However, I’m pessimistic that there will ever be many female baseball players. The problem is that softball has become very well established, with leagues, equipment, coaching, and scholarships. It’s an institution. Also, the level of play can be very high, challenging the very best female athletes. Consequently, it would probably take an unusual set of circumstances for a girl to have the same baseball experience as a typical male player who makes the pros. Maybe an international player, from a country where the softball institution doesn’t exist, could be a pioneer, but the cultural forces would be even more difficult to overcome than in the U.S. All in all, I can’t see enough women get to a high level of baseball performance to field a WNBA-type league.

Jetsy Extrano
4 years ago
Reply to  Mark

I don’t know how to Google this — is “girls play softball” a U.S. thing, or what other countries have that habit and which don’t?

4 years ago
Reply to  Jetsy Extrano

Women’s softball is a major sport in only a few countries with Australia, Canada, China, Japan, and the US dominating world play. The World Championships only has 16 participating countries (not finalists – participating). It has also been an on and off again medal sport in the Olympics and will be returning in 2020.

4 years ago

A generally good article. Although a very important step for women (and a true classic movie), it would have been nice to exclude some of the hyperbole on the AAGPBL. The truth was that it was not a money-maker or heavily watched even at its zenith when the league was marketing the heck out of it. Although you site the 1945 and 1948 attendance figures as references points for the league’s “growing popularity”, in truth the numbers increased because the number of teams increased (basic math) and the inaugural season’s average game attendance of 1,635 was the high water mark for the league. When league attendance hit 900,000 attendees in 1948, the average attendance had plummeted to 733 per game (10 teams playing about 124 games each). To be fair, it was slightly higher than the 681 per game average from 1945. No league that has any kind of salary can stay afloat for very long with this kind of attendance. You can’t expect the ladies to play for free. Beyond that your statement that the league folded due in part to the spread of television is laughable. Attendance at all sports was peaking in these post-war years. Television wouldn’t start cutting into these numbers for decades. The league folded because it was bleeding money just like dozens of leagues throughout the annals of professional sport (men and women alike).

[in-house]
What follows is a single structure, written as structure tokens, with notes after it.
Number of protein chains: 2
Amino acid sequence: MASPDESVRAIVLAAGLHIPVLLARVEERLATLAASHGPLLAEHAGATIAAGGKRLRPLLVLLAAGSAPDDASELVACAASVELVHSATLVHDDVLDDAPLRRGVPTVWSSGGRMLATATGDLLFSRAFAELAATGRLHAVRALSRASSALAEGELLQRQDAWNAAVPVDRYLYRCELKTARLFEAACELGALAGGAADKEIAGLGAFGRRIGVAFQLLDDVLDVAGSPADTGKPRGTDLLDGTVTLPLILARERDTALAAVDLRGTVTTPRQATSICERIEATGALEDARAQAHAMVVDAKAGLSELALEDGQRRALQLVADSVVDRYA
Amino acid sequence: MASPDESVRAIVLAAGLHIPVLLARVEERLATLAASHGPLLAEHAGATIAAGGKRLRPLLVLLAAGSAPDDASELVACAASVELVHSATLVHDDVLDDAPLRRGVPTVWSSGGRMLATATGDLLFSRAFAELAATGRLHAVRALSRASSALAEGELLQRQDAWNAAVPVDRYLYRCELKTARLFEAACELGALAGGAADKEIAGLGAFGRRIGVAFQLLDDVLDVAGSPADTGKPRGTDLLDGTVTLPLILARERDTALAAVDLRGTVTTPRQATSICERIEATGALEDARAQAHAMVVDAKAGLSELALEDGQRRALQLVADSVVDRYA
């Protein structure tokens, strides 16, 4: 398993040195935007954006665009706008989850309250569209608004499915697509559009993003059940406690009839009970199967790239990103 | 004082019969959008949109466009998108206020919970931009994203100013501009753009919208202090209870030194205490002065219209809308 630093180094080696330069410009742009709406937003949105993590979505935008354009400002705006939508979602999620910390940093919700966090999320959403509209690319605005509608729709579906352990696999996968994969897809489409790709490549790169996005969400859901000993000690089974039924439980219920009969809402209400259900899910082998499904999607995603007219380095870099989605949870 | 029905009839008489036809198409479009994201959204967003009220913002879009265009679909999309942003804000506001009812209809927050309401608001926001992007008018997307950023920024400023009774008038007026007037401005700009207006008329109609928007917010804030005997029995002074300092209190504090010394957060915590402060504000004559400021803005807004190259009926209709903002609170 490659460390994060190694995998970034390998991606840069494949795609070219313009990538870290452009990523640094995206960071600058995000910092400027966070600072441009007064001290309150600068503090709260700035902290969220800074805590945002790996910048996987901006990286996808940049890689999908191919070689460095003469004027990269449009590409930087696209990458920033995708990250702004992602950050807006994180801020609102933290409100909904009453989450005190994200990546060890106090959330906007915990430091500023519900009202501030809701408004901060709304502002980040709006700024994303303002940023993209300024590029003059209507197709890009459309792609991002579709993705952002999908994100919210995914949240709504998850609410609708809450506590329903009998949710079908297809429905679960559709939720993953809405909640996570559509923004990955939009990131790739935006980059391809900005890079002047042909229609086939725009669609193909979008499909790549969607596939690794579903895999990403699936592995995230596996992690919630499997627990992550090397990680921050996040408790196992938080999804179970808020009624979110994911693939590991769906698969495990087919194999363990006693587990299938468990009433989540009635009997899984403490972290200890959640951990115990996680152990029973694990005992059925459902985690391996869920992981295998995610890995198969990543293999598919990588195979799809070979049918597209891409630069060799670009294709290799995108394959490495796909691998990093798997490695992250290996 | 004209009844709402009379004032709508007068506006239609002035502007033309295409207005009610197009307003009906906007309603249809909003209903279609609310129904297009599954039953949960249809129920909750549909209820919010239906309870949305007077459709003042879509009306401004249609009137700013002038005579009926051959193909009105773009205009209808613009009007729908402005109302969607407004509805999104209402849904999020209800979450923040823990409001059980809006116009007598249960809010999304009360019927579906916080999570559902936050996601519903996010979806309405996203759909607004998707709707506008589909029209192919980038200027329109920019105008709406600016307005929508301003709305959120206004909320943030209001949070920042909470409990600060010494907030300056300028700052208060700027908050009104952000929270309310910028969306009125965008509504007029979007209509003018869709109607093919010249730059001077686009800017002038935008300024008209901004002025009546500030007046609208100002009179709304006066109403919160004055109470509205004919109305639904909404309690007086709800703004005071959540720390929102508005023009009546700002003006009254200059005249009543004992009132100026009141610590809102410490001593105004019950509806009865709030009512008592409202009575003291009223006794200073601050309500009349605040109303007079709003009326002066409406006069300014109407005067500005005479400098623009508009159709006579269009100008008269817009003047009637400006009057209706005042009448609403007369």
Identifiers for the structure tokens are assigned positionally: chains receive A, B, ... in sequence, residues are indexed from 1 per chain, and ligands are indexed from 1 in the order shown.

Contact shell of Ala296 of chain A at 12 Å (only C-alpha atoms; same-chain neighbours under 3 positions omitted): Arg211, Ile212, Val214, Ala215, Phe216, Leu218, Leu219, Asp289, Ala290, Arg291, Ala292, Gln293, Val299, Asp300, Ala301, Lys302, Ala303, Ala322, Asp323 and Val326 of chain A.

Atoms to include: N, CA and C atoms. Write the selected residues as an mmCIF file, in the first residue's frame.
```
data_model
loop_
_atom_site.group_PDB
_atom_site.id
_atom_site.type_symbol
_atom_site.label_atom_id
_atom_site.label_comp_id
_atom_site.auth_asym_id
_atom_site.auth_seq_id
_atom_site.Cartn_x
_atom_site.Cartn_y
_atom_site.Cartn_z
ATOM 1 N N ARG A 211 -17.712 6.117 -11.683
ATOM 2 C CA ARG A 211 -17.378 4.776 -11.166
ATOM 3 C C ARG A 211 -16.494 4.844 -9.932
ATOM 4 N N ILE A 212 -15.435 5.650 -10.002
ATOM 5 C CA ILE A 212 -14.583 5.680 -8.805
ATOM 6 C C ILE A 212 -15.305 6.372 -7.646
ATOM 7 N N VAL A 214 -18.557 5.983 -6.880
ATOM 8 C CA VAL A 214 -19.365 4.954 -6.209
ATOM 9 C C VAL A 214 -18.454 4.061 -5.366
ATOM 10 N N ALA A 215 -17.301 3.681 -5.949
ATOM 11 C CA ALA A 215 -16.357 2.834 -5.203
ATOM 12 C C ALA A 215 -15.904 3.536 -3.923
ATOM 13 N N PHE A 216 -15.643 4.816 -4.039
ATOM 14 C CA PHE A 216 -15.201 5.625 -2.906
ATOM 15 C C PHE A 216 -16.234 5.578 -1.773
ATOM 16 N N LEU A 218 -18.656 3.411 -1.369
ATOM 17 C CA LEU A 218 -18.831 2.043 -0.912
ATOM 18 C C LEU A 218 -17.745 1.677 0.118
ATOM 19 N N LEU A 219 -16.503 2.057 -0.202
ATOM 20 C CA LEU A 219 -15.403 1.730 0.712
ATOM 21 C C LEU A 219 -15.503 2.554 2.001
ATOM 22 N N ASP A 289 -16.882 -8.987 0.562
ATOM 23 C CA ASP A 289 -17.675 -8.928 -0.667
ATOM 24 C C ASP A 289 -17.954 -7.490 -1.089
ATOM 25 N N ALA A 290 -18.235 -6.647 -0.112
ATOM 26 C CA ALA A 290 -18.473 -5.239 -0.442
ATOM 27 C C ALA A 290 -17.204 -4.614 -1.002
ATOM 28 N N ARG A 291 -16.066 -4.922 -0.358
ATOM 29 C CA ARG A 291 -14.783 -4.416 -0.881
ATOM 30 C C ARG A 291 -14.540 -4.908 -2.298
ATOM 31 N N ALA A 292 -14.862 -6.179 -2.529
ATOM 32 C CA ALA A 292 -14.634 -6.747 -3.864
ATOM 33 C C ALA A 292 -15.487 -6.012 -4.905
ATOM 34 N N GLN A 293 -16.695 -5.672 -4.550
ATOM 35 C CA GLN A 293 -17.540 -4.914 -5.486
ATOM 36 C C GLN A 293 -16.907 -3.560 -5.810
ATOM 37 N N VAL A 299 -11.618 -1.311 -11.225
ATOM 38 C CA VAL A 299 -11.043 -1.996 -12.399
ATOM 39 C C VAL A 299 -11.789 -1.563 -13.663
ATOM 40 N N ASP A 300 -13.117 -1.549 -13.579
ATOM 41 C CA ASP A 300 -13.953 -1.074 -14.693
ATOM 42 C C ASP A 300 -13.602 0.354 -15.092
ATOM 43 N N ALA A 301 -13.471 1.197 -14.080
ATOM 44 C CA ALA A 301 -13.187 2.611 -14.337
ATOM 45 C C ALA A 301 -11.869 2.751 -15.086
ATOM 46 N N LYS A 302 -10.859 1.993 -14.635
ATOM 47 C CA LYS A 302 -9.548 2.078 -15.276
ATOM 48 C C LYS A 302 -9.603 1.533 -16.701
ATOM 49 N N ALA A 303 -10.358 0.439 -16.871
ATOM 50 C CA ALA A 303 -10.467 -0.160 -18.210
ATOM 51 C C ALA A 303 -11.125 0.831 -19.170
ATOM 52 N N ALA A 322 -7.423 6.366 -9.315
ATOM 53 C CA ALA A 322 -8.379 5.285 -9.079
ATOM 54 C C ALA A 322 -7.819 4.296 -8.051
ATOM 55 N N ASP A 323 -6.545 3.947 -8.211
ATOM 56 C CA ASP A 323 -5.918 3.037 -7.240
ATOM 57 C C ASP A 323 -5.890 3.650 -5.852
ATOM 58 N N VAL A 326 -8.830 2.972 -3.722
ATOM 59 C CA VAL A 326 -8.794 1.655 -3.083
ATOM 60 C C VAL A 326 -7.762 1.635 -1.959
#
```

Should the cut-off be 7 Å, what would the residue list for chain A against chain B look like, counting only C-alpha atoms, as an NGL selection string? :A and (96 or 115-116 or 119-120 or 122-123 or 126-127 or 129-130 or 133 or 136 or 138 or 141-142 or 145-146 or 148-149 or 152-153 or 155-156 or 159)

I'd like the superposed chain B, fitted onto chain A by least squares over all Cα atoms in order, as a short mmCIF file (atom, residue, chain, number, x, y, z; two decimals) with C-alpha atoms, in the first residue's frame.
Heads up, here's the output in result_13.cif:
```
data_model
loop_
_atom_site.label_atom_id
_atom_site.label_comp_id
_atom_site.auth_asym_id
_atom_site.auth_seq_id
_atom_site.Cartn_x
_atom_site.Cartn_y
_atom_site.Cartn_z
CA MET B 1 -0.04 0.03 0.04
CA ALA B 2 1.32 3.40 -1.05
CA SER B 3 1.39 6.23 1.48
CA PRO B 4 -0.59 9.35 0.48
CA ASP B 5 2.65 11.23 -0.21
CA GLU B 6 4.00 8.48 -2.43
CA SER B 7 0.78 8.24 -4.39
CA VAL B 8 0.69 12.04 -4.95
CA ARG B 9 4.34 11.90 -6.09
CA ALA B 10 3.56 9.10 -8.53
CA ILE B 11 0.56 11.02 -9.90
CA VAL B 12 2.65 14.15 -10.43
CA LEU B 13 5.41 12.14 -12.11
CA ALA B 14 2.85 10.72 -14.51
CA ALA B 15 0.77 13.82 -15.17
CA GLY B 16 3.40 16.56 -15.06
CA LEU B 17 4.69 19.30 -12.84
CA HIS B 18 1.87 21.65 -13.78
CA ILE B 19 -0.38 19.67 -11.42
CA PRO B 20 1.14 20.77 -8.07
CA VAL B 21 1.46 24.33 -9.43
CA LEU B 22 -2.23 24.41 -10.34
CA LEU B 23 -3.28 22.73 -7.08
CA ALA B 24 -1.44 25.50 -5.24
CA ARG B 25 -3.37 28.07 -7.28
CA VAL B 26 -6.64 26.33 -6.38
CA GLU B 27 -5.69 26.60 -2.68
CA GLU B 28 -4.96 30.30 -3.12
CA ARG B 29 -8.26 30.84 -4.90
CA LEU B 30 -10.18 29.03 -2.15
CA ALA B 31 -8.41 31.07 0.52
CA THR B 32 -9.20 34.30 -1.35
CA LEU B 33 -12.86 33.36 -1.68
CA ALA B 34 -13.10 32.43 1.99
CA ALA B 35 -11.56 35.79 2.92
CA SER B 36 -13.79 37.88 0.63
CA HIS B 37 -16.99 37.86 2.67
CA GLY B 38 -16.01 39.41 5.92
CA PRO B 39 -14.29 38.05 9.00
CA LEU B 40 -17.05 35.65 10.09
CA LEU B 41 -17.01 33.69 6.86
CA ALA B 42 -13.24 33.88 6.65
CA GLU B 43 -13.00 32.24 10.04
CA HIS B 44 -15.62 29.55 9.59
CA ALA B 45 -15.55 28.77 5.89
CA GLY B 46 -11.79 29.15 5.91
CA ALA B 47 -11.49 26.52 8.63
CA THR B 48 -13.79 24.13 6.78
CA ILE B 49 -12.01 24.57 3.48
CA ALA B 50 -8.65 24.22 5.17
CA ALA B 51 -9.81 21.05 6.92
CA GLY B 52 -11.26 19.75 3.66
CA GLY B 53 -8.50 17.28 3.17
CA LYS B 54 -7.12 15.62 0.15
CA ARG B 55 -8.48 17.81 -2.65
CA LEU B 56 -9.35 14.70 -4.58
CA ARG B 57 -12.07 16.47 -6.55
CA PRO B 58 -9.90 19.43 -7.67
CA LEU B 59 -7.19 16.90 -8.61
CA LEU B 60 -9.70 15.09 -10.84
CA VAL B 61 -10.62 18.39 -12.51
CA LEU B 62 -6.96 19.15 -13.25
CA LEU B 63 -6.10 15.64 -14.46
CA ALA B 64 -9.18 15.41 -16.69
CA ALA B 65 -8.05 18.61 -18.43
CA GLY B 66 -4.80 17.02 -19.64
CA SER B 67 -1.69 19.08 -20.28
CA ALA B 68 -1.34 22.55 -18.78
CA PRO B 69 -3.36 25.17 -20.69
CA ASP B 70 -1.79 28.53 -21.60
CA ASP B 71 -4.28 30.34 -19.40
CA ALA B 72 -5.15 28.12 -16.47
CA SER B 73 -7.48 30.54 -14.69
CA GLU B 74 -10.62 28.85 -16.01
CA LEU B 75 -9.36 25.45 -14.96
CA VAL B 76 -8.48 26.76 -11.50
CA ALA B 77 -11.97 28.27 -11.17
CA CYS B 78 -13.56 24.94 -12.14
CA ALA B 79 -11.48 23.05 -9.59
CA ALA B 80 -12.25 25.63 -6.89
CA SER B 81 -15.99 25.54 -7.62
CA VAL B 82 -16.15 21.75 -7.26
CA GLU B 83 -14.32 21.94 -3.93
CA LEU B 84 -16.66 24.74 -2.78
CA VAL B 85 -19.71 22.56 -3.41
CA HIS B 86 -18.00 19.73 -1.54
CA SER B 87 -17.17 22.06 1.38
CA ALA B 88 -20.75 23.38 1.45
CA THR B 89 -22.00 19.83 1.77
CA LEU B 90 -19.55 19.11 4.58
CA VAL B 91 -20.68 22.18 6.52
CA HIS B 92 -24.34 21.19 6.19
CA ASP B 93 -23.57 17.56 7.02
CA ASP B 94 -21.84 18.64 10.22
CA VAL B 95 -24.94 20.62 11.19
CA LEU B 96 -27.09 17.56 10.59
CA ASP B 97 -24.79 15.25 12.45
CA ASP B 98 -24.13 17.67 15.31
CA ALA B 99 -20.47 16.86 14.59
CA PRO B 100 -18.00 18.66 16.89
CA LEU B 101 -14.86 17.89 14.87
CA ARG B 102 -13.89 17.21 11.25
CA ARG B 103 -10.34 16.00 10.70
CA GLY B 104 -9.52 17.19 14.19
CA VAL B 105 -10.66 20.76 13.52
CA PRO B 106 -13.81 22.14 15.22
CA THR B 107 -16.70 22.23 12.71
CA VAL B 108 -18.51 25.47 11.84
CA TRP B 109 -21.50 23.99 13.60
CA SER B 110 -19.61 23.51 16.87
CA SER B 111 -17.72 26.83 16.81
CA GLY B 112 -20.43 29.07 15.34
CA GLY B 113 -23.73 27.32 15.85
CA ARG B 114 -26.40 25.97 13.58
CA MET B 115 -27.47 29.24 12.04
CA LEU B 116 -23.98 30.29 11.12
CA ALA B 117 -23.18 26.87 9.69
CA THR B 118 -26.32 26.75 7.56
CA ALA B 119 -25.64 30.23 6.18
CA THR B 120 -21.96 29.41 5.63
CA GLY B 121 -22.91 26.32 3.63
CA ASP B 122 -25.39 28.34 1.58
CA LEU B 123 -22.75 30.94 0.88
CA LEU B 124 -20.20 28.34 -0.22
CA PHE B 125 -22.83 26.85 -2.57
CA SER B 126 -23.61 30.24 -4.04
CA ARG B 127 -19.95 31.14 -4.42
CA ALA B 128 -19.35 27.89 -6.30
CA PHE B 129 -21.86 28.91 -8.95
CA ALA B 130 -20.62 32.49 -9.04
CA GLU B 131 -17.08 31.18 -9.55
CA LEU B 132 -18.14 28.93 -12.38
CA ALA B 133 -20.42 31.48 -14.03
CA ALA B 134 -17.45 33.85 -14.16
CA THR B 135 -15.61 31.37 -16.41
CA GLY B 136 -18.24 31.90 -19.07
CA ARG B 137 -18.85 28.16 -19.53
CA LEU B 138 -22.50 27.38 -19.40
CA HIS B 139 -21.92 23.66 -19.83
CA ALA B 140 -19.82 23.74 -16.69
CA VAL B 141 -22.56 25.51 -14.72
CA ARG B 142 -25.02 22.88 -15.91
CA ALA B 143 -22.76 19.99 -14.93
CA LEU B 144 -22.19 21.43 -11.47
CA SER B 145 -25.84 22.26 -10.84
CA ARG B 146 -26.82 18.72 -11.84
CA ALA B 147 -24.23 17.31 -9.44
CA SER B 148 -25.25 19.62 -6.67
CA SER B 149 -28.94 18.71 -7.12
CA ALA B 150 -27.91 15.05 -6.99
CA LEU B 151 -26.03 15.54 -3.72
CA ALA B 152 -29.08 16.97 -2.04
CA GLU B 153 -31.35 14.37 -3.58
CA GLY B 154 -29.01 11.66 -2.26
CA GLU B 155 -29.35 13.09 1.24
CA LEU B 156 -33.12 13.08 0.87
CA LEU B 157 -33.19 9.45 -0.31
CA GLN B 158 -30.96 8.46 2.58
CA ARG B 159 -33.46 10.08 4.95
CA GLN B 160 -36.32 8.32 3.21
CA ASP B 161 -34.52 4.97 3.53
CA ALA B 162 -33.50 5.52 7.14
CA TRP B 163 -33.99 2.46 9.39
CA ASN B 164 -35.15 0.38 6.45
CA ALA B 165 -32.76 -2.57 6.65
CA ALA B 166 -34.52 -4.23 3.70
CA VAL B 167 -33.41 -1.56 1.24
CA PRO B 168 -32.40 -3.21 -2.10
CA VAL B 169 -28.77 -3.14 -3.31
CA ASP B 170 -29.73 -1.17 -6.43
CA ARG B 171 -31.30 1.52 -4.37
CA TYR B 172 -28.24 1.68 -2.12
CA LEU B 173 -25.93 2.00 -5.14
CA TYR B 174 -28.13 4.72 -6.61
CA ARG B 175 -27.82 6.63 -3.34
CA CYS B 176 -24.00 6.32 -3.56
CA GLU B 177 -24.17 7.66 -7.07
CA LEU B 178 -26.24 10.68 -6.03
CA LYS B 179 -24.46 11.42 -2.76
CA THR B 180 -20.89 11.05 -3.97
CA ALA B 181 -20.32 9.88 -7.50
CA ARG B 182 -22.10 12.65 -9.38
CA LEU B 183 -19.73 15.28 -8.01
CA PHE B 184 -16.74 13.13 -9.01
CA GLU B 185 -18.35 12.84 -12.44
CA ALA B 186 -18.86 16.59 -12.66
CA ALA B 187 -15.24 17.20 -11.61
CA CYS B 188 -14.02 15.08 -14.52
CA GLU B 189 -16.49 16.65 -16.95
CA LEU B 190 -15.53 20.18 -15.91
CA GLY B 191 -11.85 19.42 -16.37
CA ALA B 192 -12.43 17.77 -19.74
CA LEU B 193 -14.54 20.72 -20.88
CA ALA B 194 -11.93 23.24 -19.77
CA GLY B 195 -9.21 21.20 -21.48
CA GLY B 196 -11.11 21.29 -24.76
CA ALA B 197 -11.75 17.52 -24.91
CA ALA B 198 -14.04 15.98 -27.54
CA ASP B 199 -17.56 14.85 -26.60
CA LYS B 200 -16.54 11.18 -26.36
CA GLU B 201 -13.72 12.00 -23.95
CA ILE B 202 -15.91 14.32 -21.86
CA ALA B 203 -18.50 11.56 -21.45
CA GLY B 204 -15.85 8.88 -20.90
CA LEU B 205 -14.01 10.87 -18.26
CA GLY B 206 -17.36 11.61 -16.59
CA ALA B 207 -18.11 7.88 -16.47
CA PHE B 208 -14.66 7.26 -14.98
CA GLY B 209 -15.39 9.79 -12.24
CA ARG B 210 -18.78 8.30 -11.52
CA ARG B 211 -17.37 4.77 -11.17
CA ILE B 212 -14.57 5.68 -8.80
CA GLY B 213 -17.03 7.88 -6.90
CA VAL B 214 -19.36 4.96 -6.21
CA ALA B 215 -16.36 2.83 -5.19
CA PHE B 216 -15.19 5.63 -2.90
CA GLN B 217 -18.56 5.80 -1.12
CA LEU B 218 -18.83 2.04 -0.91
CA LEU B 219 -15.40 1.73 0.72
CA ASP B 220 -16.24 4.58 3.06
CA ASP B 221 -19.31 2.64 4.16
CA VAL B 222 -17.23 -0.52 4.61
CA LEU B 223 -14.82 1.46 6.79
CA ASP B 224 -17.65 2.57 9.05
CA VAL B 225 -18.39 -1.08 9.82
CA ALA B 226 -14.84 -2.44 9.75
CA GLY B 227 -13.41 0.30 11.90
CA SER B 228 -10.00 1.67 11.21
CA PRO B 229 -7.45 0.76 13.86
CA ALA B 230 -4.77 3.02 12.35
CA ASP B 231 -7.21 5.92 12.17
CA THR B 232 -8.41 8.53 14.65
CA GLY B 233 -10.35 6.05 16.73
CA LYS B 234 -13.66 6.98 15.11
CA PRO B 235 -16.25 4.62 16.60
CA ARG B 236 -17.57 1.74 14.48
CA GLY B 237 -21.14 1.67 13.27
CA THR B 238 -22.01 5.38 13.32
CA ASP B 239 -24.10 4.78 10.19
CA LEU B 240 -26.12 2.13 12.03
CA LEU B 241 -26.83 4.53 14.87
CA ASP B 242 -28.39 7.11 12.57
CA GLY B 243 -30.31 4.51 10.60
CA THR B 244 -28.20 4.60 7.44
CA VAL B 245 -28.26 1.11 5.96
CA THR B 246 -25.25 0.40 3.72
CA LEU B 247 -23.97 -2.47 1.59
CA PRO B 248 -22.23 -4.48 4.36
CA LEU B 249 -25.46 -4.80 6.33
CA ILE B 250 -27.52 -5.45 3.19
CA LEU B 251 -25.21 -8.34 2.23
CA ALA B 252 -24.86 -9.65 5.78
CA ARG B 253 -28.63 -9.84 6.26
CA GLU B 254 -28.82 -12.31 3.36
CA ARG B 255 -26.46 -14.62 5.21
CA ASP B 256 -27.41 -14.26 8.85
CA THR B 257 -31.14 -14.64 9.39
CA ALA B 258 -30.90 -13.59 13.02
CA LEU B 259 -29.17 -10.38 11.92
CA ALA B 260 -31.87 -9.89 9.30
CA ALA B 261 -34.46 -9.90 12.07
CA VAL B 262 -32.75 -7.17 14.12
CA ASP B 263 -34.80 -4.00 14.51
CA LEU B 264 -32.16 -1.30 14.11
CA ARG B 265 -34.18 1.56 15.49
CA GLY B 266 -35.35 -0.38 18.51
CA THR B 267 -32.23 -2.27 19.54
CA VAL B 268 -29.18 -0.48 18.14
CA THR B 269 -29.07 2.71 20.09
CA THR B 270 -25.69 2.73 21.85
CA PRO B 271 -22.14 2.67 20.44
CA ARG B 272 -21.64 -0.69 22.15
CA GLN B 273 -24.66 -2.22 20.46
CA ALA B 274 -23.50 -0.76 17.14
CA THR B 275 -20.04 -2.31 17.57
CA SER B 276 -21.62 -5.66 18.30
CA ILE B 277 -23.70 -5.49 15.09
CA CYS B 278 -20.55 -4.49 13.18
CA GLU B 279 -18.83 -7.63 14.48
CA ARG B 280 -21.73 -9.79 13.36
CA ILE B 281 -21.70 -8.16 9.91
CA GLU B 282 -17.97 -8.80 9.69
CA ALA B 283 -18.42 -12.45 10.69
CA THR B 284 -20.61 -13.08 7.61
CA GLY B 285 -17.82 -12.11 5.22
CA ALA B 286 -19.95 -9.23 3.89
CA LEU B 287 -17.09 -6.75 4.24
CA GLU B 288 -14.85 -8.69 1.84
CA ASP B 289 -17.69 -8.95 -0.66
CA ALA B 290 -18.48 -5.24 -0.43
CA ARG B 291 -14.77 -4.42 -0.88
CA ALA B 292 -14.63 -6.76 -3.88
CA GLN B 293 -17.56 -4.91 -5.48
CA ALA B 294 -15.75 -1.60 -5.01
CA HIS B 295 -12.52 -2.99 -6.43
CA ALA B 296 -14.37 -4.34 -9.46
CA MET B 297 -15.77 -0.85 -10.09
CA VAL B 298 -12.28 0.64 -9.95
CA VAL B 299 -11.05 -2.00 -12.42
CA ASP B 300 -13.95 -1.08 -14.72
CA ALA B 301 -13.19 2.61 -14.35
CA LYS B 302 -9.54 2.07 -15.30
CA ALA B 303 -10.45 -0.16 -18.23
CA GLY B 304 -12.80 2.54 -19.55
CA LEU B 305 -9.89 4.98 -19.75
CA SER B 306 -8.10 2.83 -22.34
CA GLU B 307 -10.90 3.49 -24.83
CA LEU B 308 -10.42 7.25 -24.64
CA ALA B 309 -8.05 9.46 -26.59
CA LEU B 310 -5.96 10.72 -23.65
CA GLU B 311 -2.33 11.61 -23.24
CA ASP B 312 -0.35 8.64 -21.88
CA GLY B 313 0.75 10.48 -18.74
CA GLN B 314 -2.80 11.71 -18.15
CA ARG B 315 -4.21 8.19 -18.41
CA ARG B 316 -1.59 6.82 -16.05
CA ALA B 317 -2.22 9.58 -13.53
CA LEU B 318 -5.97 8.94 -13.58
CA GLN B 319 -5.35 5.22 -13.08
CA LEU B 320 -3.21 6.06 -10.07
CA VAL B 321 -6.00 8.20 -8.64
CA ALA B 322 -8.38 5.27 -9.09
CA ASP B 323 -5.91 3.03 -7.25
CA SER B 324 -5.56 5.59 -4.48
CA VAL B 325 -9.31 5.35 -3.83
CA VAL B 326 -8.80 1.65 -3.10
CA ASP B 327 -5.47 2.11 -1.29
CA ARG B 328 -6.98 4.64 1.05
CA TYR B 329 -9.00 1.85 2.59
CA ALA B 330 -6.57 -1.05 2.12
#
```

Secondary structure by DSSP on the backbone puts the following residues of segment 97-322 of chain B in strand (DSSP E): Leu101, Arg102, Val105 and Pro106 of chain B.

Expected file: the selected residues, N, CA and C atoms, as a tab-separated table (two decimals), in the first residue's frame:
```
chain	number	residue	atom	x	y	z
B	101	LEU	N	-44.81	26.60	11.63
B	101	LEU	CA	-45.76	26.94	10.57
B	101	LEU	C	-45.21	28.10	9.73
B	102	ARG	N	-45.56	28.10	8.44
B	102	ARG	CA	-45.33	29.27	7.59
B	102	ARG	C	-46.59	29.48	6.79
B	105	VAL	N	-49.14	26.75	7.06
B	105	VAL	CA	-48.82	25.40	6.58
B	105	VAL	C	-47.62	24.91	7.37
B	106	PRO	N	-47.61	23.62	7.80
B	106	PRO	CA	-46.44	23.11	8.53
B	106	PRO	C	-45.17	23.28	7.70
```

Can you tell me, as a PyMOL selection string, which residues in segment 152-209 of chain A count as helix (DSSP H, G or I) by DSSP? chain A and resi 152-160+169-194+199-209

As your article highlighted, women have enough problems fighting for recognition in sports – lets not delegitimize this by spreading a false narrative to pump the story up. Their true history can stand on its own.